Yet there is no single culture nor a single language. Communication, however, has always been there between people speaking different languages. Linguistic anthropology involves the study of the languages that have been a medium of communication among people belonging to different linguistic groups. It includes not only verbal language but both body and sign language. A recent study has shown a village in Turkey where people communicate via whistling. Some of the dialects are fast disappearing in the face of modernization and globalization, preserving and documenting such dialects forms a major activity of linguistic anthropologists.

Definitions of Anthropology

American Anthropological Association defines anthropology as “the study of humans, past and present. To understand the full sweep and complexity of cultures across all of human history, anthropology draws and builds upon knowledge from the social and biological sciences as well as the humanities and physical sciences. A central concern of anthropologists is the application of knowledge to the solution of human problems” Wolf (1964) states “anthropology is less a subject matter than a bond between subject matters. It is in part history, part literature; in part natural science, part social science; it strives to study men both from within and without; it represents both a manner of looking at man and a vision of man-the most scientific of the humanities, the most humanist of sciences.” Wolf E.R. 1964. Anthropology. Trustees of Princeton University. The USA. Herskovits “Physical anthropology is, in essence, human biology.” M.N. Srinivas described social anthropology as “it is a comparative study of human societies. Ideally, it includes all societies, primitive, civilized, and historic.

Anthropology as a subject seeks to disseminate and apply the knowledge gathered through the understanding of the biological, social/cultural, and archaeological aspects of human life for solving practical problems in the present. Applied or Practicing anthropology thus, emerged as a new subfield with the four main branches of anthropology. Anthropology strives to understand the correlation between environment and culture, and how this has an impact on the growth and development of humankind.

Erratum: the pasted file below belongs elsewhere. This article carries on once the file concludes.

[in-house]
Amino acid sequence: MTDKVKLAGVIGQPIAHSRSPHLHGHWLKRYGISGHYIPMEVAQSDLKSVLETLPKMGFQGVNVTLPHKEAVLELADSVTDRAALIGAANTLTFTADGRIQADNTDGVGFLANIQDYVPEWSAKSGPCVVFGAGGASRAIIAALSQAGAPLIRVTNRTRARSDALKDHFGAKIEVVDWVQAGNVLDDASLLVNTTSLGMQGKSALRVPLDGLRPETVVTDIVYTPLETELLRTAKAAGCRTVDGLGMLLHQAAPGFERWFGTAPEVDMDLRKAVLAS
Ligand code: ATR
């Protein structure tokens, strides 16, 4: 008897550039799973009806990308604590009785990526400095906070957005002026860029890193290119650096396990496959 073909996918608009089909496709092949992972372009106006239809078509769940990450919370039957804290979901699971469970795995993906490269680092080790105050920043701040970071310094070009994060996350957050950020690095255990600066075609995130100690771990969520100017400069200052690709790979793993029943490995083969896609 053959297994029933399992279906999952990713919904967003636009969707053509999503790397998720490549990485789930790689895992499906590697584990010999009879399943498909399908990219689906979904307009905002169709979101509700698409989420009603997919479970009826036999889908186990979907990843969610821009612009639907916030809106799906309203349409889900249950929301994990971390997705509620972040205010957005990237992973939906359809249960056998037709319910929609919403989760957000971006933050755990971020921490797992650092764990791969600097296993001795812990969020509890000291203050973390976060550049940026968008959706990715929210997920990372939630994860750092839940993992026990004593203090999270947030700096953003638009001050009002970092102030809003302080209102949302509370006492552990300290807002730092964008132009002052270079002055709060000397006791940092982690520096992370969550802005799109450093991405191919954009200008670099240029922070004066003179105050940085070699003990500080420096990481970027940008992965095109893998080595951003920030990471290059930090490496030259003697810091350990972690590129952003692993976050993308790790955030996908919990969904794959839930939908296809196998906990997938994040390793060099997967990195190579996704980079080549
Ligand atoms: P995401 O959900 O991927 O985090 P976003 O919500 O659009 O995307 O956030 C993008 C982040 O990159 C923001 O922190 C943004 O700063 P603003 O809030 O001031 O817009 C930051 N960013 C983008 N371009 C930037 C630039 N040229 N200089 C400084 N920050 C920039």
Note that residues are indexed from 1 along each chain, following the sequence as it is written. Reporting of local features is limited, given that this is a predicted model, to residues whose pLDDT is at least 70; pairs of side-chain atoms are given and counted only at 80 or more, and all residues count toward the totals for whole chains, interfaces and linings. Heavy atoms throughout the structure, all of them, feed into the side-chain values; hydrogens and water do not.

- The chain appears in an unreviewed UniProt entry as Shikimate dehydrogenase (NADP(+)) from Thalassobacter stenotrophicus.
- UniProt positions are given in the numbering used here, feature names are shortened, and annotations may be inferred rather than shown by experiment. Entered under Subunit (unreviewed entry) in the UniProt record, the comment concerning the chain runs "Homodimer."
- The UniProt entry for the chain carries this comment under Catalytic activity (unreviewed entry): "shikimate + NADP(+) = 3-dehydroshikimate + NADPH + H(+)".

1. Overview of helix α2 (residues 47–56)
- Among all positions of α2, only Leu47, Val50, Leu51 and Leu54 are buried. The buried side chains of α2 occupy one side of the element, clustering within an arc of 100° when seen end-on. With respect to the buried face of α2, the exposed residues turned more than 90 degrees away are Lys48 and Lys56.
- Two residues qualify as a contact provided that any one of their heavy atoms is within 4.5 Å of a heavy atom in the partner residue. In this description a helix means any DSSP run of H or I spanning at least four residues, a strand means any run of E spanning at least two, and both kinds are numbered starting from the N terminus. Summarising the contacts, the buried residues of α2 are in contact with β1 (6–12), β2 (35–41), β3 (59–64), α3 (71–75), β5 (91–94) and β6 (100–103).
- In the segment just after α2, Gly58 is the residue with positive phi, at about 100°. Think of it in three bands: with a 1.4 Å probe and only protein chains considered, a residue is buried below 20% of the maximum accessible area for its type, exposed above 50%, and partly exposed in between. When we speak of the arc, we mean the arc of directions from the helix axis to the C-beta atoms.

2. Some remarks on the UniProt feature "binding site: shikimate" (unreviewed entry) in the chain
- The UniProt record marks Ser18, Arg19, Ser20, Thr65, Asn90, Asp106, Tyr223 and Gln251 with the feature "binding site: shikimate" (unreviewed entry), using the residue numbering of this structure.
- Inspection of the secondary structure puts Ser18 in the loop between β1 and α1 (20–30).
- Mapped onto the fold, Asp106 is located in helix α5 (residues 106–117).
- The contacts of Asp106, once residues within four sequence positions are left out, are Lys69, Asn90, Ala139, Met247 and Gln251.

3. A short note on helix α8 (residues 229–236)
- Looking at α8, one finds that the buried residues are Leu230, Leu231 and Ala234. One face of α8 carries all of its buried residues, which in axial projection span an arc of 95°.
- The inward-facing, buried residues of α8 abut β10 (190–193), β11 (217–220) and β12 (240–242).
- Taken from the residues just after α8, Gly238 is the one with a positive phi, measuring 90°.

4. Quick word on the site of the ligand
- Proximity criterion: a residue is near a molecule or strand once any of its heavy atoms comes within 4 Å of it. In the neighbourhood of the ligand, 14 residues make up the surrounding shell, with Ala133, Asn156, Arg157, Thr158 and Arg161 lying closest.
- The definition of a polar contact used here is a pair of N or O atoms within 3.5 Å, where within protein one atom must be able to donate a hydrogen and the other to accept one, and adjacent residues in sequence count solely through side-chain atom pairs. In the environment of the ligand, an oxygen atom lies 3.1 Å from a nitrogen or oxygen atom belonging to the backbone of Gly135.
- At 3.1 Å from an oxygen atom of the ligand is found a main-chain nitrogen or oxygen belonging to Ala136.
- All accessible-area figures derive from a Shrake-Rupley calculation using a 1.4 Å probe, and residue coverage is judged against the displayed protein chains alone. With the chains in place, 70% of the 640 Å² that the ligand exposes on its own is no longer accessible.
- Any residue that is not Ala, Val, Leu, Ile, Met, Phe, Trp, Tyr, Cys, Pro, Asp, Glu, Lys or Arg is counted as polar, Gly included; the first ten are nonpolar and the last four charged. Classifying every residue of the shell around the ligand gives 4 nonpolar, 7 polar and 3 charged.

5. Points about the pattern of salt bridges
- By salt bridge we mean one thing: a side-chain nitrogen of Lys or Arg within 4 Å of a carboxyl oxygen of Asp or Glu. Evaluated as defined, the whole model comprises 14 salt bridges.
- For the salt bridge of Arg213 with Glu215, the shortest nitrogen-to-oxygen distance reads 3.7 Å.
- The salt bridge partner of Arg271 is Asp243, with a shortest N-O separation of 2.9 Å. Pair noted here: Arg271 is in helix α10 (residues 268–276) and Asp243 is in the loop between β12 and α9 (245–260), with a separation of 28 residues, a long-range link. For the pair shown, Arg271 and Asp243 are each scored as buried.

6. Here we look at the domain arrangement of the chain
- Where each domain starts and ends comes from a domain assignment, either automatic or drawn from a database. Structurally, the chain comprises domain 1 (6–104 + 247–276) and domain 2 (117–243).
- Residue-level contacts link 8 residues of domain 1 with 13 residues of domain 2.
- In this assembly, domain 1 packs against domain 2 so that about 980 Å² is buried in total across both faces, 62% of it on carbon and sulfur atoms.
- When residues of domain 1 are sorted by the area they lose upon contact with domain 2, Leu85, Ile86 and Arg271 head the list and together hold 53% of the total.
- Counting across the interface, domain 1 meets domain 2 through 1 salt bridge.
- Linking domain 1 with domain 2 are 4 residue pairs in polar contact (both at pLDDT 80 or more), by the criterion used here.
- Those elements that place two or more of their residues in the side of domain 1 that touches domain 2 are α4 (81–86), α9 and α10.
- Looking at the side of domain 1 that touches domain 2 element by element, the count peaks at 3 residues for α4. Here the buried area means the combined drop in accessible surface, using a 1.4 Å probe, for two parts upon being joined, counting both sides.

Defining Tourism
Tourism has a long history and is widespread in the cultures of humankind. It is an important social fact in the life of contemporary people. It is one of the major industries of the world and a developmental tool for many third-world countries (Nash and Smith 1991:12). Smith in her book, Hosts and Guests: The Anthropology of Tourism (1989) in the introduction defines tourist ‘as a temporary leisured person who voluntarily visits a place for the purpose of experiencing a change.’ She explains that the motivations for individuals to travel are many and varied, but the foundation of tourism rests on three key elements, i.e.

Tourism= Leisure time+ discretionary income+ positive local sanctions

As per Smith the amount of time a person has and the discretionary income (income that is not needed for personal essentials like food, clothing, housing, health-care, transportation etc.) and the positive cultural sanctions favoring tourism allow an individual to take a break from the regular/ monotonous life. Tourism as an activity allows an individual to alternate his/her work life with small periods of relaxation. J. Jafari (1977) defined tourism ‘as a study of man away from his usual habitat, of the industry which response to his needs, and the impact that both he/ she and the industry have on the host socio-cultural, economic and physical environments.’